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How to see a rare meteor shower in Minnesota this week

Nov 20, 2019 05:12AM ● By Editor
A meteor from the Geminids meteor shower is seen in New York. Photo: Stan Honda - MPR News

By Cody Nelson of Minnesota public Radio News - November 19, 2019 

The alpha Monocerotids isn’t like the other meteor showers.

Its projected outburst in Minnesota skies late Thursday night will be short — 40 minutes tops, according to the scientists predicting it.

And it’s rare. There have been four known outbursts of alpha Monocerotids in history, the most recent coming in 1995.

But if the projections from scientists Esko Lyytinen and Peter Jenniskens become true, this could be a busy shower with up to seven meteors passing every minute, the American Meteorological Society says.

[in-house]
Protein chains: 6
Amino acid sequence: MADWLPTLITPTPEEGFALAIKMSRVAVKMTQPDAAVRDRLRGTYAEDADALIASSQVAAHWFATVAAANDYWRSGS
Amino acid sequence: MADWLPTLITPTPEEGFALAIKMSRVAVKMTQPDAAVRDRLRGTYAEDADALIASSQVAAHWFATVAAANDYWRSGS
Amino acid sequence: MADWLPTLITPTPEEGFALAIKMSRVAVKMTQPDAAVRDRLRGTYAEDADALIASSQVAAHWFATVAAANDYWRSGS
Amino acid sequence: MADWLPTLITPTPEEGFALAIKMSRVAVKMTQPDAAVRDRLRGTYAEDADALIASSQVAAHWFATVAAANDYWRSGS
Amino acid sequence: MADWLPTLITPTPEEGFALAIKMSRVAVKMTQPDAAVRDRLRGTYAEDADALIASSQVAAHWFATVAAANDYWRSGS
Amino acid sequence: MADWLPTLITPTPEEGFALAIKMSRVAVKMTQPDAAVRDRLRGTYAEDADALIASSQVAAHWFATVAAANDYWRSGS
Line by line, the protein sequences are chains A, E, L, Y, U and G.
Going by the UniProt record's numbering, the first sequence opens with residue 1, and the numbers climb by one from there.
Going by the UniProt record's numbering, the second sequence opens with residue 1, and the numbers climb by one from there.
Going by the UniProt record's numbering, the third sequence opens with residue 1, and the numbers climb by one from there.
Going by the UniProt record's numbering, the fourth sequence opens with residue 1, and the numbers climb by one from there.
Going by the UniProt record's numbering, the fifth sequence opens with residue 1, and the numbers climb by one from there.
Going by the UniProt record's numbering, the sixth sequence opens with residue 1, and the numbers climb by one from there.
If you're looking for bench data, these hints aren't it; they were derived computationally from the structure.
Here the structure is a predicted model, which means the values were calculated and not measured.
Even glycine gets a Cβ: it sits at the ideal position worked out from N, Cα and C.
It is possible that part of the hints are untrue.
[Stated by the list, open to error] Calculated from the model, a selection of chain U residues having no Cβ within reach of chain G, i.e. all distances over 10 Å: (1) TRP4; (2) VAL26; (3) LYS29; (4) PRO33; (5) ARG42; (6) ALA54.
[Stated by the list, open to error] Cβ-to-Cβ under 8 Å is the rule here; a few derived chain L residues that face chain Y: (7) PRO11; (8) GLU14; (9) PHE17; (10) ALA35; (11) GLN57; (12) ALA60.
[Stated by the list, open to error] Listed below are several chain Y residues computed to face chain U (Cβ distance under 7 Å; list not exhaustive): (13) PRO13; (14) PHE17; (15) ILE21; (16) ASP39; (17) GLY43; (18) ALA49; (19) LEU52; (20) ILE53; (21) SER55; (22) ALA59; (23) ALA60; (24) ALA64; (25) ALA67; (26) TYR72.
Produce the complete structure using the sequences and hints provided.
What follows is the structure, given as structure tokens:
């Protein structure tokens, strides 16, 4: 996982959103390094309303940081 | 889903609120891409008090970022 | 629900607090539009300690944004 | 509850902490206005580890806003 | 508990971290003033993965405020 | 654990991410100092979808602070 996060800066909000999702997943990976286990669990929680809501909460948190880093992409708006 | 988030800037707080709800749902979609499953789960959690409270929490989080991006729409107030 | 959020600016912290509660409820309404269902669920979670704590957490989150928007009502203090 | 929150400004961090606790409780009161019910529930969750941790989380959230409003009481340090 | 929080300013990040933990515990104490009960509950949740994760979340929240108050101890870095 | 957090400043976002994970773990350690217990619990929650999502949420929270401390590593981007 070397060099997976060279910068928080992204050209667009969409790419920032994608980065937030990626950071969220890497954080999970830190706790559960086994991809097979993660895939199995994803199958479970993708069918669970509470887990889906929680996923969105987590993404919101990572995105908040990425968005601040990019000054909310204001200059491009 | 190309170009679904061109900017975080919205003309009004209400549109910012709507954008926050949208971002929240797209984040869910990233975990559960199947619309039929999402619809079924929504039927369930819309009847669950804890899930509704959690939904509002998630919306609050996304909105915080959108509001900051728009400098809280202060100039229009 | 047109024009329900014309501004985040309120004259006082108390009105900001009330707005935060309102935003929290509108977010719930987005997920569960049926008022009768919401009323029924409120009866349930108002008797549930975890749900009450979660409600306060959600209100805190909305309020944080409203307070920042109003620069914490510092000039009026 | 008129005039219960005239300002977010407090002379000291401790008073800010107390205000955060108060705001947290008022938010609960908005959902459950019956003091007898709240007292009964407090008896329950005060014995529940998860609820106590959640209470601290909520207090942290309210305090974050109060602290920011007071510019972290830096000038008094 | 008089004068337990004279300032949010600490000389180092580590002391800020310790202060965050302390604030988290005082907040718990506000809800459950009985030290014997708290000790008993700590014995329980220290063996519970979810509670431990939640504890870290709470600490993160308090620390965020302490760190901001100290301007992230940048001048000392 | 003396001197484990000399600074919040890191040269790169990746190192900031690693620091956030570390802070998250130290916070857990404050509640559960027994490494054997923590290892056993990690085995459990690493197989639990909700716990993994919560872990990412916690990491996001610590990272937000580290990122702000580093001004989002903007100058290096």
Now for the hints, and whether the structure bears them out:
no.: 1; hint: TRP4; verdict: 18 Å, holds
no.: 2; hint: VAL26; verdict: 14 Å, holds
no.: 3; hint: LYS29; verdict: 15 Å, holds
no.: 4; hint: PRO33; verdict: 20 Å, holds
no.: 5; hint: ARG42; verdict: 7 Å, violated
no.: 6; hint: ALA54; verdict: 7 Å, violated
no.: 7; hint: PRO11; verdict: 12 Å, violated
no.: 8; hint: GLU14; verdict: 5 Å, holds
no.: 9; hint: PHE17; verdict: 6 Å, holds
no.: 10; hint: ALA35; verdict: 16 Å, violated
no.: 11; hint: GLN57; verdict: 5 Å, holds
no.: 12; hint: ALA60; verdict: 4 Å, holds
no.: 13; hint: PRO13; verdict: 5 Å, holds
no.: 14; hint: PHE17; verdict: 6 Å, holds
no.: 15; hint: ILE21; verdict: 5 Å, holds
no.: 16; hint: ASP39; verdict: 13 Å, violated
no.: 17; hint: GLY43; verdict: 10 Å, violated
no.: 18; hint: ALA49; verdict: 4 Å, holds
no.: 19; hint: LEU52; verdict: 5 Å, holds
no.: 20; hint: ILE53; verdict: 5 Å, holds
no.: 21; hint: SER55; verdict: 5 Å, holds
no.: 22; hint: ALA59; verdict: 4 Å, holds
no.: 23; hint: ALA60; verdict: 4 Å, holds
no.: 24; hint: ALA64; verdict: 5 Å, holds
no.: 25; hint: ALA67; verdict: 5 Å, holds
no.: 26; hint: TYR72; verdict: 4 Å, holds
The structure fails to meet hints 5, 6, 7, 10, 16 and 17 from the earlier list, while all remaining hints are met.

The 1995 alpha Monocerotids shower had a projected zenithal hourly rate — the number of single meteors in an hour — of about 400. Thursday’s shower could have zenithal hourly rates as low as 100 and as high as over 1000.

How to watch

The meteor shower’s peak activity levels are projected to be at 10:50 p.m. central time, so start watching around 10:15 p.m. to see it all, Lyytinen and Jenniskens recommend. 

Don’t be late, or you might miss it. And the scientists caution the meteor shower could not happen at all. 

But assuming there is some kind of shower, AccuWeather reports nearly all of Minnesota will have good viewing conditions for the meteor shower. Only the Arrowhead and southeastern regions will have a slightly worse view.

Jenniskens told EarthSky that people should look eastward to see the shower and try to view it from some place dark. 

“Even if you just see a few of these meteors,” he told EarthSky, “that is very special.”

To see the original article and see related reporting, follow this link to the MPR News website.

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